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Why Diack is loved back home

By People Daily
Saturday, May 15th, 2021 00:00 | 2 mins read
Lamine Diack when he returned to Senegal this week. Photo/AFP

Senegal’s disgraced former World Athletics president Lamine Diack is a “worthy son of the nation” according to the man who has organised to pay a surety to allow his return home.

Diack, head of athletics’ world governing body from 1999 to 2015, returned to Senegal on Monday for the first time since being placed under house arrest in France in November 2015 as he faced trial for corruption.

In September, the 87-year-old was found guilty of corruption and money-laundering charges linked to the Russian doping scandal and sentenced to four years in prison, two of them suspended.

Despite the convictions, he has been allowed to return to Senegal thanks to Cheikh Seck, the owner of Senegalese football club Jaraaf, who paid a 500,00 euro bond that will ensure Diack continues to respond to summonses by French authorities.

Seck also gave his backing to Diack in spite of the guilty verdicts in France.

“We decided during an extraordinary general assembly that we shouldn’t have to collect money for Diack, a worthy son of the nation, an all-round remarkable citizen,” said Seck, a businessman and former Senegal international goalkeeper.

“[Diack’s return to Senegal] was a moment of joy and pride. His time in France lasted for too long and the Jaraaf family is happy with this ending. You can imagine how happy he was, and about his reunion with his daughters.”

Diack was convicted of accepting bribes, from athletes suspected of doping, to cover up their test results and let them continue competing, including in the 2012 London Olympics.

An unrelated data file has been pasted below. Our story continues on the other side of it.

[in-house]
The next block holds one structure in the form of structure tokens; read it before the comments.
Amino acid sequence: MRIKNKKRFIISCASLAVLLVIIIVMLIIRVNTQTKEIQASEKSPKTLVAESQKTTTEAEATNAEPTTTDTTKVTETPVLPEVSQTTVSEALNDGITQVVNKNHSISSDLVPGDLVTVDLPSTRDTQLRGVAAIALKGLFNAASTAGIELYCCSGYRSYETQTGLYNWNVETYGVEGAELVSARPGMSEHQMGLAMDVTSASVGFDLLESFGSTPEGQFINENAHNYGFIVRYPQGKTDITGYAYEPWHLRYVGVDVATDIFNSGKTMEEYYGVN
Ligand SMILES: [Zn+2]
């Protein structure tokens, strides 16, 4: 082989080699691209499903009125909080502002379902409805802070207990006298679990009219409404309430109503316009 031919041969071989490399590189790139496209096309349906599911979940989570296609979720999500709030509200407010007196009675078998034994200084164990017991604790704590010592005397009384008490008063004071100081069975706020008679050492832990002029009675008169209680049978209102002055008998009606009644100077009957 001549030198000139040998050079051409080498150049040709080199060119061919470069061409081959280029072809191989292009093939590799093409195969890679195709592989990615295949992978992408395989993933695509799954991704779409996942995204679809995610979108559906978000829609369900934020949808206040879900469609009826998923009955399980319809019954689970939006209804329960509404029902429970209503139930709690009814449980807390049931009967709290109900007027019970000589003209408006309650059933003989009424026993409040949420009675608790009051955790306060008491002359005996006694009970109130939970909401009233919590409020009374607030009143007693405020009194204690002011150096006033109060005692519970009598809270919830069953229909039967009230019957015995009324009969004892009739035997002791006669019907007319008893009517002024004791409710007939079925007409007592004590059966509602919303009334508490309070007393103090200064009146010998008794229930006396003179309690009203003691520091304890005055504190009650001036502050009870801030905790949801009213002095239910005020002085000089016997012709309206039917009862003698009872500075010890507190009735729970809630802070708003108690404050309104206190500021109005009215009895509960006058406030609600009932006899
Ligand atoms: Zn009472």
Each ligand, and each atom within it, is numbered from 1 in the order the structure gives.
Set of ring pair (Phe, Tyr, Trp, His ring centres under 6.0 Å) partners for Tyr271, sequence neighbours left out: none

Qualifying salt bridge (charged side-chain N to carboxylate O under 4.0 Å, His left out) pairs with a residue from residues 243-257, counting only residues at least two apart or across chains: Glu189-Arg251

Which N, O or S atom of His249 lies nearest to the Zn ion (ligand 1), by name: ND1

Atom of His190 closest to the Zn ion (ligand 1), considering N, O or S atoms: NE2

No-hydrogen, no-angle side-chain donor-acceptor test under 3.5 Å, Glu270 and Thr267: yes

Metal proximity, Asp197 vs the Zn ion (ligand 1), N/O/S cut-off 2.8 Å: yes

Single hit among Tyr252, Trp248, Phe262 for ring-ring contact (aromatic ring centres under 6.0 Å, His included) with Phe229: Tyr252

Due to his age and health, French justice authorities spared him from spending time in jail.

Despite the scandal, Diack has always enjoyed support in Senegal with a group called the ‘Collectif Lamine Diack’ organising several demonstrations.

Diack’s name may have been forever tainted globally by the corruption scandal but he remains well thought of back home.

His career saw him start as the 1958 French long jump champion before moving into sports administration and politics.

“The love Senegalese have showed for Lamine Diack has always been positive and never tainted to the point that one does not call into question either his probity, or what he represents in this country,” journalist Harouna Deme told BBC Afrique.

Another local journalist and former president of the Senegalese sports journalist union, Mamadou Koume, is very close to Diack.

“Lamine Diack represents a lot of things for people of my generation but also for the youth,” he told BBC Afrique.

“He has been always involved in sport. He was the technical director for the football national team of Senegal in the 60’s”. -BBC

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